State of Washington
Ethics Advisory CommitteeOpinion 00-07
Is a part-time judicial officer disqualified from presiding over cases involving a litigant who is also a party to a lawsuit in which one of the defendants is a deputy prosecuting attorney who supervises the judicial officer in the capacity as deputy prosecuting attorney?
The judicial officer is a part-time municipal court judge and also employed as a county deputy prosecuting attorney. At the prosecutor’s office, the judicial officer handles criminal appeals, provides general advice to the civil division of the sheriff’s office and is not involved in either criminal or civil litigation at the trial court level.
A criminal complaint has been filed in the municipal court where the part-time judicial officer presides. The defendant in that matter has filed a number of lawsuits in both state and federal court against various government entities and officials.
The same defendant has also recently filed a civil lawsuit which named a deputy prosecuting attorney as a defendant. That deputy prosecuting attorney is the supervisor of the part-time judicial officer at the prosecutor’s office.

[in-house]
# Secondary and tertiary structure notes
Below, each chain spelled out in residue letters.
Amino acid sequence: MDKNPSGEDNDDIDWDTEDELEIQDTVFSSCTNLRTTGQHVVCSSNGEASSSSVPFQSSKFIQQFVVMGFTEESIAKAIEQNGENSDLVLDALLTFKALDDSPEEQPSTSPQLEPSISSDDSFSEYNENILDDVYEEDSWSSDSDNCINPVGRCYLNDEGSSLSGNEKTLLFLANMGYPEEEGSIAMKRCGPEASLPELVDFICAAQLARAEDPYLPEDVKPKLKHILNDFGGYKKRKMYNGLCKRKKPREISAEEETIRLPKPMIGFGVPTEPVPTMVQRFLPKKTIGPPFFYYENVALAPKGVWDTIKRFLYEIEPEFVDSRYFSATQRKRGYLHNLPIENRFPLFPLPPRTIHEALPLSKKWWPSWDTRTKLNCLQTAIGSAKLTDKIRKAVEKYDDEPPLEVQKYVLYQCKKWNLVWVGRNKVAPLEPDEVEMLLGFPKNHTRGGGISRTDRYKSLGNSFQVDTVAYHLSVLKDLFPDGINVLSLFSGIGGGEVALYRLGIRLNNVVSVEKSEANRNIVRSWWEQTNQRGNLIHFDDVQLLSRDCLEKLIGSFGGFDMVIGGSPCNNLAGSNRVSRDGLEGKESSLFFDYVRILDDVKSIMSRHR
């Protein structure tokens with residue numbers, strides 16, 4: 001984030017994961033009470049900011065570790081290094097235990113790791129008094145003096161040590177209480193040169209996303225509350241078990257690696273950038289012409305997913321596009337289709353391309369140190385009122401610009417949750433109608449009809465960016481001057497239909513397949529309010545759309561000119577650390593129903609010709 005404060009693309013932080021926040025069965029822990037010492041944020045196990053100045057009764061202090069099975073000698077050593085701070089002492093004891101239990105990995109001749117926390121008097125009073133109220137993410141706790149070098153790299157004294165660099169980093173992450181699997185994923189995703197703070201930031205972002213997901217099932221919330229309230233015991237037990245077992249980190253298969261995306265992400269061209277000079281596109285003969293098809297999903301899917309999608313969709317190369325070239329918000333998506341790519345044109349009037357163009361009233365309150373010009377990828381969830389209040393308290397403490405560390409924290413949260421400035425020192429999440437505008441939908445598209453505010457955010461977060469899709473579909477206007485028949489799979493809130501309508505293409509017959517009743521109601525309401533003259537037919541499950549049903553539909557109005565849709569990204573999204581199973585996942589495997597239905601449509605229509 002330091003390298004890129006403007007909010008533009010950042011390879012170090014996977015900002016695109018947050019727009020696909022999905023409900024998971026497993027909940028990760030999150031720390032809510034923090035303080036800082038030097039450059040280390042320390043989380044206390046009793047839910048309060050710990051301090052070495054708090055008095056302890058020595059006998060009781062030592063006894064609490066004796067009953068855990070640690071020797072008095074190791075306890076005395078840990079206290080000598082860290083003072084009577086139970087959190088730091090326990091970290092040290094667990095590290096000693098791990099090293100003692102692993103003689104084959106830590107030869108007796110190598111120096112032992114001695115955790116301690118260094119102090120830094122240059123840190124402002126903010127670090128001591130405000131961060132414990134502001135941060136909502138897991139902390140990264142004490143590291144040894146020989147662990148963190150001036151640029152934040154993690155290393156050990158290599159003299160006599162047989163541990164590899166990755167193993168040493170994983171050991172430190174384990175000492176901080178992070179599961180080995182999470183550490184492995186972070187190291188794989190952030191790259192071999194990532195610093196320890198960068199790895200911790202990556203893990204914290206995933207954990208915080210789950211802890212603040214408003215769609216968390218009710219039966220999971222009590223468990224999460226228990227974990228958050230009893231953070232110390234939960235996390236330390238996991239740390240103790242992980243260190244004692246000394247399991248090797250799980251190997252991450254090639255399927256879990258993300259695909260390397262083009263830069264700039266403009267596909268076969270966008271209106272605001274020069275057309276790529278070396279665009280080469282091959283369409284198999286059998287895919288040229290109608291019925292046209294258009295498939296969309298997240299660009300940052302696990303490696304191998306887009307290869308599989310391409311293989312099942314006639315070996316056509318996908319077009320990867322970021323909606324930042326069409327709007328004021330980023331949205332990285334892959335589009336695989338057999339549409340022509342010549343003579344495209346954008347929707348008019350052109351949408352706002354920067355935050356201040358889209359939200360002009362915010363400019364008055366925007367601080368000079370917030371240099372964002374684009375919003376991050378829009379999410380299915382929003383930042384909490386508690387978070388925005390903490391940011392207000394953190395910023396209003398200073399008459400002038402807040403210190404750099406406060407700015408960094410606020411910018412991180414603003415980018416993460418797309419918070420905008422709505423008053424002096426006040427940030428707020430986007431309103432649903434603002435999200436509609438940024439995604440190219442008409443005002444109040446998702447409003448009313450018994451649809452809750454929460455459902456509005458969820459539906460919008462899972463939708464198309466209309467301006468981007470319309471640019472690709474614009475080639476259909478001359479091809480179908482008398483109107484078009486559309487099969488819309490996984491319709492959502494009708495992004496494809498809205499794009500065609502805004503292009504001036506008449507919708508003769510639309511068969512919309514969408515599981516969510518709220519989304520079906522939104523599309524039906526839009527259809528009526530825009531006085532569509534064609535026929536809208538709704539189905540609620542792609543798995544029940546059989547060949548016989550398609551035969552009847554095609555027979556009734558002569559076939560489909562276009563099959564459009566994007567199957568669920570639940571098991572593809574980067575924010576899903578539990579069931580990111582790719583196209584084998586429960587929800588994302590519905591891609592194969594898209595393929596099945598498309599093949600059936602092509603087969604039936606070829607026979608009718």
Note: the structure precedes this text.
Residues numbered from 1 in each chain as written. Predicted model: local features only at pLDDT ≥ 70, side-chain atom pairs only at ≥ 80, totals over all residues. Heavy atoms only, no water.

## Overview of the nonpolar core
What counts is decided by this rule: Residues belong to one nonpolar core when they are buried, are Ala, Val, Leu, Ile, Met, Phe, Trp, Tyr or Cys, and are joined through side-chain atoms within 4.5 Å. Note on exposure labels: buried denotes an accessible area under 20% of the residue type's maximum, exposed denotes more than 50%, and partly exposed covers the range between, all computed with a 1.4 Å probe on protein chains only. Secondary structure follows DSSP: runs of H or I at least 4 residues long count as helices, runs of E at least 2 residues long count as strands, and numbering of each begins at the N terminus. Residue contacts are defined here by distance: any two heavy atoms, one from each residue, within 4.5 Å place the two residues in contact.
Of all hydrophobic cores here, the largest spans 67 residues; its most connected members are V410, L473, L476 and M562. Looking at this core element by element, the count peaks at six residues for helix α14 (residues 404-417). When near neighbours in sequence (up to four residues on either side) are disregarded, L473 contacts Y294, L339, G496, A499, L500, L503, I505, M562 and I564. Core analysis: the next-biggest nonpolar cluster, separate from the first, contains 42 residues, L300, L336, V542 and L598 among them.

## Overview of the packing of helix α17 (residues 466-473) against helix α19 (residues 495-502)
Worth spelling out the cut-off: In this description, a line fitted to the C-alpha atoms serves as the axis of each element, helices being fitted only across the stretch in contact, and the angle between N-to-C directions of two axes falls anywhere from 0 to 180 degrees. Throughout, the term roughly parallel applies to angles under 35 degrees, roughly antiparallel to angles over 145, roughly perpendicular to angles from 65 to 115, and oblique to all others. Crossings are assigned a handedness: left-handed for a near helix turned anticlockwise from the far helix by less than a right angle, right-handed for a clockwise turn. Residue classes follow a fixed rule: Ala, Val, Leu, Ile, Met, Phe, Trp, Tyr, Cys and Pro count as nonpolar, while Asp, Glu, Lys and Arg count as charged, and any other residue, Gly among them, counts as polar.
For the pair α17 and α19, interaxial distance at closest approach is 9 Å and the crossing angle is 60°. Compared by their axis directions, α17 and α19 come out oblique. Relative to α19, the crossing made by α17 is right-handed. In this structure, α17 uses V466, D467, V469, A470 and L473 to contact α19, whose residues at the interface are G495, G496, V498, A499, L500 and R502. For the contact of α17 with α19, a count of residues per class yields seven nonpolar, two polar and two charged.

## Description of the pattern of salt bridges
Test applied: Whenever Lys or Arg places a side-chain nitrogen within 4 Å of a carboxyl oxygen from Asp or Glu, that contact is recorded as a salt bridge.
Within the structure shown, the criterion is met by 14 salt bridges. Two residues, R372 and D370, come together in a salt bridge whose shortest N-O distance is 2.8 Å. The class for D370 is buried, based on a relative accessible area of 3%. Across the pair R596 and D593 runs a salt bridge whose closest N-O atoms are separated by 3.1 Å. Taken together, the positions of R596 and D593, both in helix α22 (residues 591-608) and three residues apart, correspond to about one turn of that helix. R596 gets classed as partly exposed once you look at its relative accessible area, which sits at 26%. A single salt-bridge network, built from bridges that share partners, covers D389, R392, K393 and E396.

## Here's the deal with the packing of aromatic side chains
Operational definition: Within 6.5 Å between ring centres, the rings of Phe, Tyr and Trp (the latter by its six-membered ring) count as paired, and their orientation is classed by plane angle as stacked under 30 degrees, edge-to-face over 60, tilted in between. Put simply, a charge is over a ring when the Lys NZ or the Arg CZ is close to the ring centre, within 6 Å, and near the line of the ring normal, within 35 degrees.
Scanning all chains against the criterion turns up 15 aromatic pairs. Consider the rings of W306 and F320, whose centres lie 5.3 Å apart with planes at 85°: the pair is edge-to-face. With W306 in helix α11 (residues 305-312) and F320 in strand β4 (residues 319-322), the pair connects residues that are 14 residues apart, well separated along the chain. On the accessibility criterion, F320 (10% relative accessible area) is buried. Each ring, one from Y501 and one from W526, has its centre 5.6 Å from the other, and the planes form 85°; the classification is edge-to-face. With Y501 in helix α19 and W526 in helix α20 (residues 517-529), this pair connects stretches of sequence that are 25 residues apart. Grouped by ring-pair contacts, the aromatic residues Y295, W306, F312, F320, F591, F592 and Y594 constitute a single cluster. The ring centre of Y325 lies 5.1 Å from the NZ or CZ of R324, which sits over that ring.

The part-time judicial officer has no involvement in the lawsuit and as a prosecuting attorney will not be appearing as an attorney for any of the defendants. No one in the prosecutor’s office has consulted with the judicial officer about the lawsuit. The judicial officer’s only familiarity with the lawsuit comes from reading the complaint.
CJC Canon 3(D)(1) provides that judges should disqualify themselves in a proceeding in which their impartiality might reasonably be questioned. The fact that a criminal defendant has filed a lawsuit wherein someone in the prosecuting attorney’s office is named does not require the judicial officer’s disqualification. The criminal case over which the judicial officer would be presiding is not related in any way to the pending civil lawsuit. The judicial officer is not a party to the lawsuit and does not have any personal knowledge about it. The judicial officer should disclose that he or she is a part-time employee in the prosecutor’s office at the time the criminal matter comes up for hearing but is not disqualified from hearing it.
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